Tidyeval solution for "negative" group_by

dplyr
tidyeval

#1

Is there a tidyeval way to group_by() all columns in a data frame EXCEPT for the ones you don’t want grouped? I often need to come up with shares over 1 dimension, so I use group_by_() to select all names except the ones I want.

This is useful for me for programming as I don’t always know the names of the other columns in the data frame. My current method seems inefficient, though.

In the example below, I group by all columns except Sex and Freq (the data). This returns the shares by sex, grouped by Hair and Eye.

as.data.frame(HairEyeColor) %>% 
  group_by_(.dots = as.list(names(.)[!(names(.) %in% c("Sex", "Freq"))])) %>% 
  mutate(share = Freq / sum(Freq)) %>% 
  ungroup()

#2

You should make reproducible example of your code to make it easier for us to answer your questions. See

I think this does what are you looking for:


suppressPackageStartupMessages(library(tidyverse))
t1 <- as.data.frame(HairEyeColor) %>% 
   group_by_(.dots = as.list(names(.)[!(names(.) %in% c("Sex", "Freq"))])) %>% 
   mutate(share = Freq / sum(Freq)) %>% 
   ungroup()


t2 <- as.data.frame(HairEyeColor) %>% 
   group_by_at(vars(-Sex, -Freq)) %>% 
   mutate(share = Freq / sum(Freq)) %>% 
   ungroup()


identical(t1, t2)
#> [1] TRUE

Created on 2018-02-14 by the reprex package (v0.2.0).


#3

Thanks. This is a helpful start. I’m still trying to wrap my head about tidyeval, but is there a solution that doesn’t require me to explicitly know that Sex and Freq are the names of the excluded variables, but rather, I can pass the string c(“Sex”, “Freq”) into the vars() function?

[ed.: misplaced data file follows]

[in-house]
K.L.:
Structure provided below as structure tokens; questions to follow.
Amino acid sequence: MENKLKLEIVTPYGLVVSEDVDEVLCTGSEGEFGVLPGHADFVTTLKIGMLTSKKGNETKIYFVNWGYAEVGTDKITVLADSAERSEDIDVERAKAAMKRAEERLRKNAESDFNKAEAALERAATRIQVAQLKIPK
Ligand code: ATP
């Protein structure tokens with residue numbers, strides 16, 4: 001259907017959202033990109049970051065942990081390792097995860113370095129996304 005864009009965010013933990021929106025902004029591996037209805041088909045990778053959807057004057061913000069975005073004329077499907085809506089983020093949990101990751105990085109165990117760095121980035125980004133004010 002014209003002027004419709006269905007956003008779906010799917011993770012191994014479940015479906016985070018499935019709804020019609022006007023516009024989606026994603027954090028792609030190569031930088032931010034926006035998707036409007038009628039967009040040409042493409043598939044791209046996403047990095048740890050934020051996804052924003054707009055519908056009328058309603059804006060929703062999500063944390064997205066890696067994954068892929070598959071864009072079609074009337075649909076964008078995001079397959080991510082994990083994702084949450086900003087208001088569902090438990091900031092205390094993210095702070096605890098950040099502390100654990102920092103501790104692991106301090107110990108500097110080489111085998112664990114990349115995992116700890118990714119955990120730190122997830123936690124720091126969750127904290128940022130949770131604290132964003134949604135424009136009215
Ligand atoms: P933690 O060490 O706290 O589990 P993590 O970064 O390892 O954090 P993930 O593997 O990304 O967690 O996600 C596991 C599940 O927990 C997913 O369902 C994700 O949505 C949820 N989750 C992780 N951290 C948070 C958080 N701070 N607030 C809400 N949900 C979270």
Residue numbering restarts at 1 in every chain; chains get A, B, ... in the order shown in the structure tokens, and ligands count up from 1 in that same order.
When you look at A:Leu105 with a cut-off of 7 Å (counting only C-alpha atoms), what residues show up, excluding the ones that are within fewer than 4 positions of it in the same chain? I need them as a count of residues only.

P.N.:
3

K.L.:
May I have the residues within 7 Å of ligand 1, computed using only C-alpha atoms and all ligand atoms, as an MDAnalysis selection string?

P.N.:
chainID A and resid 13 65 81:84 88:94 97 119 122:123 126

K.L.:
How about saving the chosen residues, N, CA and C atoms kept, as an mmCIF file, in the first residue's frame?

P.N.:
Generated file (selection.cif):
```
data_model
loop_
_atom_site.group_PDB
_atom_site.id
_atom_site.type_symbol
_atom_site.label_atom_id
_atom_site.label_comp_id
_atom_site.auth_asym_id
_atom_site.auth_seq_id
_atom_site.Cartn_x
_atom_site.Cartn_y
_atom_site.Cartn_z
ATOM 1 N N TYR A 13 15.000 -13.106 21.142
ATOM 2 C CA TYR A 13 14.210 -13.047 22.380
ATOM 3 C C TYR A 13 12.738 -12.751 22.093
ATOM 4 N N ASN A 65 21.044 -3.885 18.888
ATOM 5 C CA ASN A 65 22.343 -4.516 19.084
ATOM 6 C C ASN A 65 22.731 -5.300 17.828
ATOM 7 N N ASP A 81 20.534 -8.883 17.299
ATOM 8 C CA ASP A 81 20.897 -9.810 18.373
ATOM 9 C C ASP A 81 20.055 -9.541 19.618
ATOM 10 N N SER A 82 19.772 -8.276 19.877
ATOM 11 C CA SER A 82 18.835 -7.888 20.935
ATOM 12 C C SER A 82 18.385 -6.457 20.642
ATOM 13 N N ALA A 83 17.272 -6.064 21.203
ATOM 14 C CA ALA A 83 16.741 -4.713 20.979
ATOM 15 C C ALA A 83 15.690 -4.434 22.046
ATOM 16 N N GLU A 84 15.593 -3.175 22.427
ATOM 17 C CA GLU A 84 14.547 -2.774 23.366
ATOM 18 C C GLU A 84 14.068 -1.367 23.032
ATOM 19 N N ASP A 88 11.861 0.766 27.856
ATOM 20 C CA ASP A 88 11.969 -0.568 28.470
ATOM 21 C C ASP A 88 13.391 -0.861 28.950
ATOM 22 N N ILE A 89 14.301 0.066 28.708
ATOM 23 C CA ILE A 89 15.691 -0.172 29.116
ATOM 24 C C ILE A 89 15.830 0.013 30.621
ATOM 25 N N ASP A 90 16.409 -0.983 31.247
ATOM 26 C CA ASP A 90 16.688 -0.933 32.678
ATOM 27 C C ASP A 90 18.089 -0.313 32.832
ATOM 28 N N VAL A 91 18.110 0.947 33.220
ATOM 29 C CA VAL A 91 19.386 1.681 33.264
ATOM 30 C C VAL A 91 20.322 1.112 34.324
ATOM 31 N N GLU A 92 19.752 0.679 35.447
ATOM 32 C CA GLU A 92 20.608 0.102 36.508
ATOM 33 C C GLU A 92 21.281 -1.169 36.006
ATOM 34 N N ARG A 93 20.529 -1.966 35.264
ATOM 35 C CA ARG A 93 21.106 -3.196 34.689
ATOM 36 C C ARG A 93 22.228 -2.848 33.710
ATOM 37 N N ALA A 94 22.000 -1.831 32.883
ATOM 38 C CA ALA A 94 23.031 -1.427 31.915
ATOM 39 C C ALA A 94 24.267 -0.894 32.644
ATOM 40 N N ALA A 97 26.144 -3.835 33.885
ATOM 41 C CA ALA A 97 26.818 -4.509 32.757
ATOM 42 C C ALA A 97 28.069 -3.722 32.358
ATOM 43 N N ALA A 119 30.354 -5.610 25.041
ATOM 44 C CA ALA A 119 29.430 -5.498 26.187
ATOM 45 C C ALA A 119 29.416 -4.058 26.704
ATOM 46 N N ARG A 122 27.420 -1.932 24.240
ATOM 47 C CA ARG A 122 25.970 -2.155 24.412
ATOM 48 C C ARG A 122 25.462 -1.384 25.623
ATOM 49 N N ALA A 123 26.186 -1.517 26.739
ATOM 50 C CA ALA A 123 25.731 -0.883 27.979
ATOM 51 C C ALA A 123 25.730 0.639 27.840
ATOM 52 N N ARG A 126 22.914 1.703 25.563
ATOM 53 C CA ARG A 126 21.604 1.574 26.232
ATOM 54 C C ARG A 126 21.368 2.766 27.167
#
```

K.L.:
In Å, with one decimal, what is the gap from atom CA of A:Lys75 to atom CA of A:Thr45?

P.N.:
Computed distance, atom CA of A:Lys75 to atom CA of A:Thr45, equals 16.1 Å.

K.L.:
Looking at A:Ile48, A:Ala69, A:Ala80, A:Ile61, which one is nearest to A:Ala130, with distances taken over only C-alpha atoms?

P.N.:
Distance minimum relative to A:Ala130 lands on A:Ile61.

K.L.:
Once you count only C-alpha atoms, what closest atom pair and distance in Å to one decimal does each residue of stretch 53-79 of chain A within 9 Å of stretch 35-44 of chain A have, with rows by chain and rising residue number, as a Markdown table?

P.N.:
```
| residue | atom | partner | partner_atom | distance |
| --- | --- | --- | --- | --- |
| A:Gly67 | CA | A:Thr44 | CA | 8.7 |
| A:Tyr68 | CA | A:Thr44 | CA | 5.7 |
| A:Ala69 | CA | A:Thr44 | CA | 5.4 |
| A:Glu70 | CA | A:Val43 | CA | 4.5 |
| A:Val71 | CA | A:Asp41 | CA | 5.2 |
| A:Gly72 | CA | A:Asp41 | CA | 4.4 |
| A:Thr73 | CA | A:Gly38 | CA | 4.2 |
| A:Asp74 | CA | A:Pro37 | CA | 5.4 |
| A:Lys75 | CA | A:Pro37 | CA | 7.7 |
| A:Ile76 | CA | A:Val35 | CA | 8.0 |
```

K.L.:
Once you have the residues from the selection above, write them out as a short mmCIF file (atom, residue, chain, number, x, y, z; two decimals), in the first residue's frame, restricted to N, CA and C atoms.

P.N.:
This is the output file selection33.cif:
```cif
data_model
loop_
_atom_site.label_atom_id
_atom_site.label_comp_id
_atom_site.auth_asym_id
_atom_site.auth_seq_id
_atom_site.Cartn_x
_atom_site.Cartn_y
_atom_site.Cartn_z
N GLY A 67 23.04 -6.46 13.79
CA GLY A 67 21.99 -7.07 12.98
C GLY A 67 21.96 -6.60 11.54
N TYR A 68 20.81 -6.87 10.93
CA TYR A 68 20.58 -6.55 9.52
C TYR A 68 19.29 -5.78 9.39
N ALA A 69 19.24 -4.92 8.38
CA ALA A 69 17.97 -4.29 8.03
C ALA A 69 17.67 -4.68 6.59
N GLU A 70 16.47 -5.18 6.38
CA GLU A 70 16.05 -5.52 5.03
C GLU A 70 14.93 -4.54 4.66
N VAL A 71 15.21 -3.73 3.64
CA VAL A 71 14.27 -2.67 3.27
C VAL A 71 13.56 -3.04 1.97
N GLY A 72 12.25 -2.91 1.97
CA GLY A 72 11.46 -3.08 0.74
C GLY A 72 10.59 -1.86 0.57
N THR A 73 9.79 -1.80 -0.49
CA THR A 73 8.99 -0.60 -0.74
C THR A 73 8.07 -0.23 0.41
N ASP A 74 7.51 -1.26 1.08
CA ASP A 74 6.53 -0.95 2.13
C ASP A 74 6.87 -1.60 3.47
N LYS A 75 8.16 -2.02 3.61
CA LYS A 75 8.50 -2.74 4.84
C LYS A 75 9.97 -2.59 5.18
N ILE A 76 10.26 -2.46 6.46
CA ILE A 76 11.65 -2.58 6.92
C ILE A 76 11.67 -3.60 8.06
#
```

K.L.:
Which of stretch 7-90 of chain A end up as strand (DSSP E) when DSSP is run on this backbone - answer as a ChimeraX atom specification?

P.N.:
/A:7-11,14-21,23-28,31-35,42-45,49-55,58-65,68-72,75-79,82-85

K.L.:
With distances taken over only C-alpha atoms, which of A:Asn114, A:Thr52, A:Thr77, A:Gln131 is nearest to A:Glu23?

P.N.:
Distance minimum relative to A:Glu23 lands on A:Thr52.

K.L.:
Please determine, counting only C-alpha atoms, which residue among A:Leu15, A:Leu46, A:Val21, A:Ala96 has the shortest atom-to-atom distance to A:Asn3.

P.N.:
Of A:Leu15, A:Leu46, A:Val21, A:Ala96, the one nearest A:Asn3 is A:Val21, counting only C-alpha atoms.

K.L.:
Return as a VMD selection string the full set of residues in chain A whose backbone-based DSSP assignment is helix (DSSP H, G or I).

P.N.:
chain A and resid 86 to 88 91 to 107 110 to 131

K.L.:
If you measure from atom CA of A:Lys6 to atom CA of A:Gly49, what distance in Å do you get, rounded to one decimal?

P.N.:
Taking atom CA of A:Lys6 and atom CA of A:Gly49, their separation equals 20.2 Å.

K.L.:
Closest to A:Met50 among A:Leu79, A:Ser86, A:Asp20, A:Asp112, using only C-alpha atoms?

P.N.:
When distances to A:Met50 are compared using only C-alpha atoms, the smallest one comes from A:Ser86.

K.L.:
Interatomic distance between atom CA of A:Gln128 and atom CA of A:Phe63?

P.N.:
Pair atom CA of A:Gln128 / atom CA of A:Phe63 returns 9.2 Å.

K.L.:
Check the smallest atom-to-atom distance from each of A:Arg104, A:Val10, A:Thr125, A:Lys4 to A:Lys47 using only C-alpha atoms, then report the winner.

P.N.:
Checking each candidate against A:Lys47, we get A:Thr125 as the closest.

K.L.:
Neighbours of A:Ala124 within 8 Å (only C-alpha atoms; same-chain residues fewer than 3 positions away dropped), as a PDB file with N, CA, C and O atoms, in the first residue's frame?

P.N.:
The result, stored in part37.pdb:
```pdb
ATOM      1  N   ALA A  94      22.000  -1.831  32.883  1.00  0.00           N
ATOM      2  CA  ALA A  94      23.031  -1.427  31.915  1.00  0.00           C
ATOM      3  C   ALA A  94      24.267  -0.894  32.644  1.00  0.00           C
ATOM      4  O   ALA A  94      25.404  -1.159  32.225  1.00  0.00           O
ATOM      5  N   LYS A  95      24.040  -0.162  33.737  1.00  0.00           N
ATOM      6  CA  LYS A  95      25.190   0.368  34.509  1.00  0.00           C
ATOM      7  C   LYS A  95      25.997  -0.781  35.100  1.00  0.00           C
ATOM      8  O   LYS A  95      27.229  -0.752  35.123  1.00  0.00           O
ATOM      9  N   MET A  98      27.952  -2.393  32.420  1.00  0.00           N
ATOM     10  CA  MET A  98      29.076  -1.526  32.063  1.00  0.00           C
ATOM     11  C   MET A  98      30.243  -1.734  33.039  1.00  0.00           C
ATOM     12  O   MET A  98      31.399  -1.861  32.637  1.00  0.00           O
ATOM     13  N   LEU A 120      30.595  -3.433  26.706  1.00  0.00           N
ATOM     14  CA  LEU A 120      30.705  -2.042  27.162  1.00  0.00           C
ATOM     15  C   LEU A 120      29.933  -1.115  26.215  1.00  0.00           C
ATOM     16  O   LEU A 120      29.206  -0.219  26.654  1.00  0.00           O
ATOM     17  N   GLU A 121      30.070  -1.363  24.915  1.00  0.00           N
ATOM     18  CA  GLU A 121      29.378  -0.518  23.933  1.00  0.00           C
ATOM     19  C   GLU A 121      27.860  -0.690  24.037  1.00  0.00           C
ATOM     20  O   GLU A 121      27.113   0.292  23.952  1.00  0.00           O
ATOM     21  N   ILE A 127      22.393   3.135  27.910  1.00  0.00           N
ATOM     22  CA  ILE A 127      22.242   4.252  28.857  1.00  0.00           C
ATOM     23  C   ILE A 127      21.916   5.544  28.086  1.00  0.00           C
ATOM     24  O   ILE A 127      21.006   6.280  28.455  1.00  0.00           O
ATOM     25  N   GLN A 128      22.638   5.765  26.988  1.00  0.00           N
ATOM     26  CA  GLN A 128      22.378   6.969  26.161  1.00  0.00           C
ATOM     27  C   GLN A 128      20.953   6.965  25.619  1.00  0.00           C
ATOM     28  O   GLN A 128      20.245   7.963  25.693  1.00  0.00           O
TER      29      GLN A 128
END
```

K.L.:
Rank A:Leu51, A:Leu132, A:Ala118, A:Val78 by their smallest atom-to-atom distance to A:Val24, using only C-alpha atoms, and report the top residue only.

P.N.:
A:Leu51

#4

I can’t recommend the webinar by Lionel Henry enough for wrapping your head around tidyeval: link
In this specific case you can do something like this:

library(tidyverse)
vars <- c("Sex", "Freq")

dots <- purrr::map(vars, function(variable){
  dot <- rlang::sym(variable)
  rlang::quo(-!!dot)
})

as.data.frame(HairEyeColor) %>% 
  group_by_at(vars(!!!dots)) %>% 
  mutate(share = Freq / sum(Freq)) %>% 
  ungroup()

# A tibble: 32 x 5
   Hair  Eye   Sex    Freq share
   <fct> <fct> <fct> <dbl> <dbl>
 1 Black Brown Male  32.0  0.471
 2 Brown Brown Male  53.0  0.445
 3 Red   Brown Male  10.0  0.385
 4 Blond Brown Male   3.00 0.429
 5 Black Blue  Male  11.0  0.550
 6 Brown Blue  Male  50.0  0.595
 7 Red   Blue  Male  10.0  0.588
 8 Blond Blue  Male  30.0  0.319
 9 Black Hazel Male  10.0  0.667
10 Brown Hazel Male  25.0  0.463
# ... with 22 more rows


#5

Thanks so much! Will definitely watch so I fully understand what’s happening, but this does the trick!